He has no desire to expand: “People consistently say you’ve got to expand, but no you don’t. In the old days you could have one restaurant and that was enough. This insistence about brands being rolled out across the country is not something I want to pursue. I’m going to be 60 this year and I want to enjoy life. I want to make sure the place is run as well as it can be by staff who love being there, who earn well and have opportunities, whether that’s trips or promotions. We don’t need ten or twenty Caminos.”
All Camino’s meat is sustainable and direct from Spain. Steak comes from the north, Galicia and Asturias. The average age of a cow slaughtered in the UK is around 2.5 years old, compared with 5,12- or 14-year-old Spanish cows. Surely, it’s a good thing to have a longer life eating lush grass in the north of Spain where it can rain even more than in England.
Richard’s wife Inma cooks more Spanish food at home than he does. She’s a deli chef, not a restaurant chef. Richard cooks food sourced from everywhere to offer variety and to mix it up a little (typically English). Sometimes there’s feedback from Spanish diners moaning that Camino dishes are slightly more expensive, from which it’s clear they’re visitors and don’t live in London. “You can pay as much for a plate of jamon iberico in Spain (over 20 euros) as you do in London,” Richard says. “We are good value in that respect.”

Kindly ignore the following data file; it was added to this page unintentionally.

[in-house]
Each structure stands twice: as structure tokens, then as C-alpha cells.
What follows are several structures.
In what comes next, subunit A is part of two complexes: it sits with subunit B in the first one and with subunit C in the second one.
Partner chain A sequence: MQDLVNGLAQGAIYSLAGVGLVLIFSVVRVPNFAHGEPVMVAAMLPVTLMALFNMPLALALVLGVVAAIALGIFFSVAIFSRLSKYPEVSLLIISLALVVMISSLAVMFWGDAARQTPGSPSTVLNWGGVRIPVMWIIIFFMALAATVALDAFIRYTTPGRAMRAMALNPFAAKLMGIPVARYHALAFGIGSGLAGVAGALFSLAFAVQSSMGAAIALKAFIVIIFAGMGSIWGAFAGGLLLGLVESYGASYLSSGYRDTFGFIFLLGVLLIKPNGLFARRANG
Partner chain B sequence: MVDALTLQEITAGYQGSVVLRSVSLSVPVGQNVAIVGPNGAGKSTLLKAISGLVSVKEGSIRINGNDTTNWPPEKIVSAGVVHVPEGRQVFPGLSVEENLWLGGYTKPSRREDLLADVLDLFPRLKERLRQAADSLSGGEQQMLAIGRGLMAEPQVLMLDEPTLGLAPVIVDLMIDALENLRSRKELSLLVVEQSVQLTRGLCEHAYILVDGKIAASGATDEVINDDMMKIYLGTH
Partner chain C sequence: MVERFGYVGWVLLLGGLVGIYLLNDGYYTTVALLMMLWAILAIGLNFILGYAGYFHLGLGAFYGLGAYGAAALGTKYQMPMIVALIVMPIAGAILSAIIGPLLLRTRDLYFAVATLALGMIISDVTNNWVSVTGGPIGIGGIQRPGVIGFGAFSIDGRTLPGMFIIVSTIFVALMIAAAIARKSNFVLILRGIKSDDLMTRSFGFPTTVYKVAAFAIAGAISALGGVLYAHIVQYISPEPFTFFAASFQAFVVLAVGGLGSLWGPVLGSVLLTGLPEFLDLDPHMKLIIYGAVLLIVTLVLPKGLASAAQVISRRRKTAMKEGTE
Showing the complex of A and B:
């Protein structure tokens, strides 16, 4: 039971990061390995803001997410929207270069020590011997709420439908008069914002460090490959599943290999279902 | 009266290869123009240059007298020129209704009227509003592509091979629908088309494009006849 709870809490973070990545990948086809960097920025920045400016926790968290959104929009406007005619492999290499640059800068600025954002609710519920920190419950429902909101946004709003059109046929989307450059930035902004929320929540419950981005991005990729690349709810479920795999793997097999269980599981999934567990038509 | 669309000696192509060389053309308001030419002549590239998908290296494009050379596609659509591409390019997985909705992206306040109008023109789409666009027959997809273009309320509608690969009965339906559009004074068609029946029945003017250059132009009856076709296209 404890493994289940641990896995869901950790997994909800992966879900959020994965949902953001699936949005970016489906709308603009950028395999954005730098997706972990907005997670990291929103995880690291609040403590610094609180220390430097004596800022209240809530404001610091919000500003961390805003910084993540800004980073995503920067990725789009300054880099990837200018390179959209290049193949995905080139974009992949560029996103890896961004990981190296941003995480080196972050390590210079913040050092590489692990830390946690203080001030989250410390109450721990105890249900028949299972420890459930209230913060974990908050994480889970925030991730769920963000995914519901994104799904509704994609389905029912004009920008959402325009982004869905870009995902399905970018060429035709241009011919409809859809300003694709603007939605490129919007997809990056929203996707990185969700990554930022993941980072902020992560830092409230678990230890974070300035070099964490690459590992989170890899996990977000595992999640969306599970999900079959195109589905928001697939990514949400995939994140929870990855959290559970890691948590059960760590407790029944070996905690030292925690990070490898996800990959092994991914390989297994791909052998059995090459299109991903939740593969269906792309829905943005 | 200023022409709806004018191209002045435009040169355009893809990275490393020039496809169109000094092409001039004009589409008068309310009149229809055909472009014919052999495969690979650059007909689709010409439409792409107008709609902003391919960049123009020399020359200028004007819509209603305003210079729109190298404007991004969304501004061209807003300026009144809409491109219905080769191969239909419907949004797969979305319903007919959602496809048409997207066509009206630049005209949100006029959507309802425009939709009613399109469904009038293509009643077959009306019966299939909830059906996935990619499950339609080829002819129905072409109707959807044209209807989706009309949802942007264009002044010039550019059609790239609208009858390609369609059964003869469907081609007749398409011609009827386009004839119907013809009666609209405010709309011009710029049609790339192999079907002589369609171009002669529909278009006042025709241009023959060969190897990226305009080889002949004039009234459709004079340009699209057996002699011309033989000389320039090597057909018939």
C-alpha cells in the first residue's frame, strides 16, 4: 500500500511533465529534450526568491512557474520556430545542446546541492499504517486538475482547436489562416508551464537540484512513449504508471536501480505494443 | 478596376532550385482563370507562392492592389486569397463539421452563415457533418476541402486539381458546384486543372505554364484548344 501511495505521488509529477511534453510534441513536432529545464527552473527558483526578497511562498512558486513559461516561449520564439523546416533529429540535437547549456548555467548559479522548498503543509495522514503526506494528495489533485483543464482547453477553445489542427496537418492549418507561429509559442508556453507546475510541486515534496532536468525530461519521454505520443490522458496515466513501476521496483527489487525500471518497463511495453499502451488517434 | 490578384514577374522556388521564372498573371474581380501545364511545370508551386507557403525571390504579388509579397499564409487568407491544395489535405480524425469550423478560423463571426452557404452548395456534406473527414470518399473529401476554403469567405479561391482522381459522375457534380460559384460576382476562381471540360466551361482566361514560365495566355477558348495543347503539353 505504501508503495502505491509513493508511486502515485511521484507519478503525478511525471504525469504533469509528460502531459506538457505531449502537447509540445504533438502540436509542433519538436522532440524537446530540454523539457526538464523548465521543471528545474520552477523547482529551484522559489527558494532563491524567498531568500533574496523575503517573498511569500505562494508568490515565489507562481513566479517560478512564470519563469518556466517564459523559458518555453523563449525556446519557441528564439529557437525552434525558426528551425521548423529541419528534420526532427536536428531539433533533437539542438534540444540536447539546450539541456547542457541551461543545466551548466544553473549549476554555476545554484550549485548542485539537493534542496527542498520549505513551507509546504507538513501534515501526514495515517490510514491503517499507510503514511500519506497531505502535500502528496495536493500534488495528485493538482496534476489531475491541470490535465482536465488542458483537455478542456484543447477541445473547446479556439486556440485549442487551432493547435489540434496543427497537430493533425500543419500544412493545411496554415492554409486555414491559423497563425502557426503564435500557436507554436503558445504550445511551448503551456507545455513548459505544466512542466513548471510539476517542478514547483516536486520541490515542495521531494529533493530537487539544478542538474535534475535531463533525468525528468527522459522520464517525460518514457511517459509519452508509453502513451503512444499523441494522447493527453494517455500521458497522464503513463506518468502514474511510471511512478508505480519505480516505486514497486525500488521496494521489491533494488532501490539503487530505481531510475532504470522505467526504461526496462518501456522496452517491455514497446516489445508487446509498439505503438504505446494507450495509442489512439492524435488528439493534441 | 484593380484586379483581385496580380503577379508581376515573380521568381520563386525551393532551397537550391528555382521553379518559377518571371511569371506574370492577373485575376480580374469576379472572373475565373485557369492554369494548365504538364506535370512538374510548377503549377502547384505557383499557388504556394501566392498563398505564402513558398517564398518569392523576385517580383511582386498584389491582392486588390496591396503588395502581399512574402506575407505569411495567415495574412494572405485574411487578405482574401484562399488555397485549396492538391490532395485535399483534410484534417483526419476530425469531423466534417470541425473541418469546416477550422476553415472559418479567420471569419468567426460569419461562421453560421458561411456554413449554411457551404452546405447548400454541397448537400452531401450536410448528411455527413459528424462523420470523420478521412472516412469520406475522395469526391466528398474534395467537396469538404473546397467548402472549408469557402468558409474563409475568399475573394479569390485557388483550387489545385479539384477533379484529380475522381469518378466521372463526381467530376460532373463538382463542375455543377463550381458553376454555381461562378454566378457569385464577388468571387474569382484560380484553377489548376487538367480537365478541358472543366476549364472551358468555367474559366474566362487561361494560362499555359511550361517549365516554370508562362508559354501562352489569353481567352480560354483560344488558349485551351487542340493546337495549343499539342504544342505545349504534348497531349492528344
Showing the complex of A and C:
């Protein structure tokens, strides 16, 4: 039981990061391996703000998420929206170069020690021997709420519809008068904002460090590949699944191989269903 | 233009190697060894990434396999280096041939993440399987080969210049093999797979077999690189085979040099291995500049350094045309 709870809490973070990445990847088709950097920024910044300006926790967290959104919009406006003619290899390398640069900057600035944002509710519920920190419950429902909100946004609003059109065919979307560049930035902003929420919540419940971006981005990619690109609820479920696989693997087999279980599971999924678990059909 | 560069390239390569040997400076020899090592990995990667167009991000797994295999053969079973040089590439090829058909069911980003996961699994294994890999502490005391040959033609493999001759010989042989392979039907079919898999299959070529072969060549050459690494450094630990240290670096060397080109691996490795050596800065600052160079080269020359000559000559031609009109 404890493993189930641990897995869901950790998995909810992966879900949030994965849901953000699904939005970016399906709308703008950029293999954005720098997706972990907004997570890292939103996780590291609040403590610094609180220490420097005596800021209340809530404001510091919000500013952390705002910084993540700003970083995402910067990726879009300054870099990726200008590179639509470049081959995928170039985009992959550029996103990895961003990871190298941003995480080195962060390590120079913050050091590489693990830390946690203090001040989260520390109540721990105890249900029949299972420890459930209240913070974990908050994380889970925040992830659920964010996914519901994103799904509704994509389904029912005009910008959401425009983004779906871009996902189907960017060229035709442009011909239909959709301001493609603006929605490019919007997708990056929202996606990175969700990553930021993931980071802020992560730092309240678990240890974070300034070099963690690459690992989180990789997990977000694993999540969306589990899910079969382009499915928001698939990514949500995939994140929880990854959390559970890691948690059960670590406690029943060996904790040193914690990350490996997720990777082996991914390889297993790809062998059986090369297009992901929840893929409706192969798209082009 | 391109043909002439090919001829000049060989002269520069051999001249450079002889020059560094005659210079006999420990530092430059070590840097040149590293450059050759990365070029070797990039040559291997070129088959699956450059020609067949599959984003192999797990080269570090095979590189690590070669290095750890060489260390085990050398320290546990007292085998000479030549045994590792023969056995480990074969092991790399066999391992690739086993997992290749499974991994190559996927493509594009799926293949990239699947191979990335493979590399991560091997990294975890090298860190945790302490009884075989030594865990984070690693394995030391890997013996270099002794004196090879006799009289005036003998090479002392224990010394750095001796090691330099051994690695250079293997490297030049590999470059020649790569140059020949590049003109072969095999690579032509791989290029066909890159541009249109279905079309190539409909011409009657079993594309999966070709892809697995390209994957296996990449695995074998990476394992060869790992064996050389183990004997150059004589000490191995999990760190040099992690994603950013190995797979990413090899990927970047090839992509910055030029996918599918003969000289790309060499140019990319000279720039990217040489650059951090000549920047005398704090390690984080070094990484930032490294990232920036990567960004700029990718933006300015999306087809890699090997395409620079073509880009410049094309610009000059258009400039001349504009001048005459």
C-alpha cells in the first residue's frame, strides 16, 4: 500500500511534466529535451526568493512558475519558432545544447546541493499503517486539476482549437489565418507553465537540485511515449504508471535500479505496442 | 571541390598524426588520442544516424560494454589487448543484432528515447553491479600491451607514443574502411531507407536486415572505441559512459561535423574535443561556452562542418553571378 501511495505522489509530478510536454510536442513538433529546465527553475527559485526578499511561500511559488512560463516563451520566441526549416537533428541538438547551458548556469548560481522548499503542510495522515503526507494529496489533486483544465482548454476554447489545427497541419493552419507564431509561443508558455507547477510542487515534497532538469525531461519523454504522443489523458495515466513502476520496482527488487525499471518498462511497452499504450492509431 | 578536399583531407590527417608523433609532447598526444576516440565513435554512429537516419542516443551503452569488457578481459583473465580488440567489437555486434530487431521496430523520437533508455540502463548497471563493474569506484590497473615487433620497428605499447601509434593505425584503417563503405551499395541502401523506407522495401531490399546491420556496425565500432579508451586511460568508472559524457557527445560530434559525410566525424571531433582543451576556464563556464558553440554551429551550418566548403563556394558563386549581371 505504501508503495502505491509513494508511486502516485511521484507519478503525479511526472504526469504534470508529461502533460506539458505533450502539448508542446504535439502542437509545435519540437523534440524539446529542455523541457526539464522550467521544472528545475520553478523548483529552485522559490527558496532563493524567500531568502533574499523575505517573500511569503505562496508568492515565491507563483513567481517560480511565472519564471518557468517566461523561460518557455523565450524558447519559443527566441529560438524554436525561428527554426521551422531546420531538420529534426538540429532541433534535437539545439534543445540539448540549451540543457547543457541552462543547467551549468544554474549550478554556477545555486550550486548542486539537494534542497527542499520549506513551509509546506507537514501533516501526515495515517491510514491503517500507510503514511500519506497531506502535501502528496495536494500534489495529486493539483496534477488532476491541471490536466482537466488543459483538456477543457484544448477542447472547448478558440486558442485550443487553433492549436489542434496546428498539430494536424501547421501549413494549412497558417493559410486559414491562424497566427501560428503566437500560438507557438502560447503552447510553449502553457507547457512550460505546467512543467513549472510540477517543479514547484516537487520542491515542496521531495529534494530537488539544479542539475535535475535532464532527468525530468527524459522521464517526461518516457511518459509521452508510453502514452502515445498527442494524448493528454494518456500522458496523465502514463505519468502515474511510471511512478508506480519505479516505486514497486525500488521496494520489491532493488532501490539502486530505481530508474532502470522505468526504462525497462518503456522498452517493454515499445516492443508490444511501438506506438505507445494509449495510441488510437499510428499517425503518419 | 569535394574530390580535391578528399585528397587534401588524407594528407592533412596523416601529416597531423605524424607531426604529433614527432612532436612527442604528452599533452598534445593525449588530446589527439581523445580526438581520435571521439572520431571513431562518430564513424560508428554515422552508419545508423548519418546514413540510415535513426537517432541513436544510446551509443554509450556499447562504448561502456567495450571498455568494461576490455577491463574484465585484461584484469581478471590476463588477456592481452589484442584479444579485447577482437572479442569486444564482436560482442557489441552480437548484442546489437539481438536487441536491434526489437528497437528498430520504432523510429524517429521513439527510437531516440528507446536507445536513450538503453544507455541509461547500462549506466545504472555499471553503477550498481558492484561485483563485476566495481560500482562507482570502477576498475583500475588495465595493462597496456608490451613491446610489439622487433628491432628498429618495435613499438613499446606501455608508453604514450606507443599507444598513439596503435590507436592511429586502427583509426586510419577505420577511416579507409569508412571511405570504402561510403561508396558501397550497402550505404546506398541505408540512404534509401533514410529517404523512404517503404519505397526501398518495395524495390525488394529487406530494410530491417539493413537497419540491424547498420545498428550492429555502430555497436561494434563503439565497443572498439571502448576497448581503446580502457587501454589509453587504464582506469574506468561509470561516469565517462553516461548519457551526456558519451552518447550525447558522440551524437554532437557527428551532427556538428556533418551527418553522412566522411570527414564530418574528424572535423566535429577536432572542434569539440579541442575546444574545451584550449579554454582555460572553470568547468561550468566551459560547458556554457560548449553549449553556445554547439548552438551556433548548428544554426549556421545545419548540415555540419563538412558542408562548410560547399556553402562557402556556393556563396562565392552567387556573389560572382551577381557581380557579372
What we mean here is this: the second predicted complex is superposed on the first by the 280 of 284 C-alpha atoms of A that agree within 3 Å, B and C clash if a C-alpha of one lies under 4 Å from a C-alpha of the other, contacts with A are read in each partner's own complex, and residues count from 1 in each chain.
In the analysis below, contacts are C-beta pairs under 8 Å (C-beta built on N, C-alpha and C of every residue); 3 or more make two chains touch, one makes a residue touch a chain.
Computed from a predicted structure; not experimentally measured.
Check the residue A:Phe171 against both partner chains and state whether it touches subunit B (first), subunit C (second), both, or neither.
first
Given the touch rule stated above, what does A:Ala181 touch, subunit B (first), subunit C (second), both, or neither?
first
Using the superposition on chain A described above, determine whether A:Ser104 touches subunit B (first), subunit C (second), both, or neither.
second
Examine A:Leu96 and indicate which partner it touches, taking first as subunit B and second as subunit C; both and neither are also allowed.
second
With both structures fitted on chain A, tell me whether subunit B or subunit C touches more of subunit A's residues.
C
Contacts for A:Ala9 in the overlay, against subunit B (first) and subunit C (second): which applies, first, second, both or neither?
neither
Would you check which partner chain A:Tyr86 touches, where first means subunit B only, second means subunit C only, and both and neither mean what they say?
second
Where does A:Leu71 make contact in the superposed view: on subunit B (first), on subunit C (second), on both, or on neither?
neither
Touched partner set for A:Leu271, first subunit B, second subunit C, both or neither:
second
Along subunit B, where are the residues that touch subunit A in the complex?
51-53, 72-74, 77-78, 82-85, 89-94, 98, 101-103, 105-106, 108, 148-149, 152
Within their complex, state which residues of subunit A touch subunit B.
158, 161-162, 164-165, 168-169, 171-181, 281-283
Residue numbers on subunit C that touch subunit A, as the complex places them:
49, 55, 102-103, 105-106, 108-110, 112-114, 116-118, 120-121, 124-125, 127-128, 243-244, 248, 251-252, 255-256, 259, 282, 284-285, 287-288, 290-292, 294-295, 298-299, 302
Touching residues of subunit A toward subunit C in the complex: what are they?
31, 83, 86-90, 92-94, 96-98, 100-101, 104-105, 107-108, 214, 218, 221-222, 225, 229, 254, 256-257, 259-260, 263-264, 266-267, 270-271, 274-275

“Some dishes are bound to cost more in London than in Spain where you’re not paying London rents! Wines are also such good value in Spain. The Spanish who live in the UK understand that we have to charge what we charge. I’d rather have a full restaurant on a worse margin and everyone having a good time, than a half empty restaurant and trying to squeeze the maximum dollar out of everybody.”
Richard adores a juicy Spanish tortilla and thinks it tricky finding the ‘perfect one’ in Spain (I can’t really believe that). He finds bar tortillas quite dry (now hang on Richard: it’s not a ‘bar’ tortilla, but my Spanish mother-in-law’s tortilla is to die for). He loves seafood from Galicia and the whole of the northwest. Another favourite in Camino is Arroz Negro. It’s been on the menu since Nacho the chef started. As for a vineyard and a glass of something delicious – he recommends a visit to The Granja Nuestra Señora de Remelluri – the Rioja wine estate.
With a passion for F1, and having raced himself for years, he’s car obsessed. So am I and could easily have talked about it for another hour. He now drives an Alfa Romeo 159 (my dad had 9 Alfas on the trot over 30 years). If you’re a petrol-head, it’s a racing certainty that sooner or later you’ll drive an Alfa. The last interesting car (apart from his Alfa) was a Holden (rebadged as Vauxhall in the UK) Monaro VXR, a 6-litre supercharged V8, offering 600bhp. It was, he says, “an absolute beast”. Once he eventually settles in Spain, as is his plan, he has his heart set on buying an Alfa Romeo Giulia Quadrifoglio – now there’s a car with real Va Va Voom.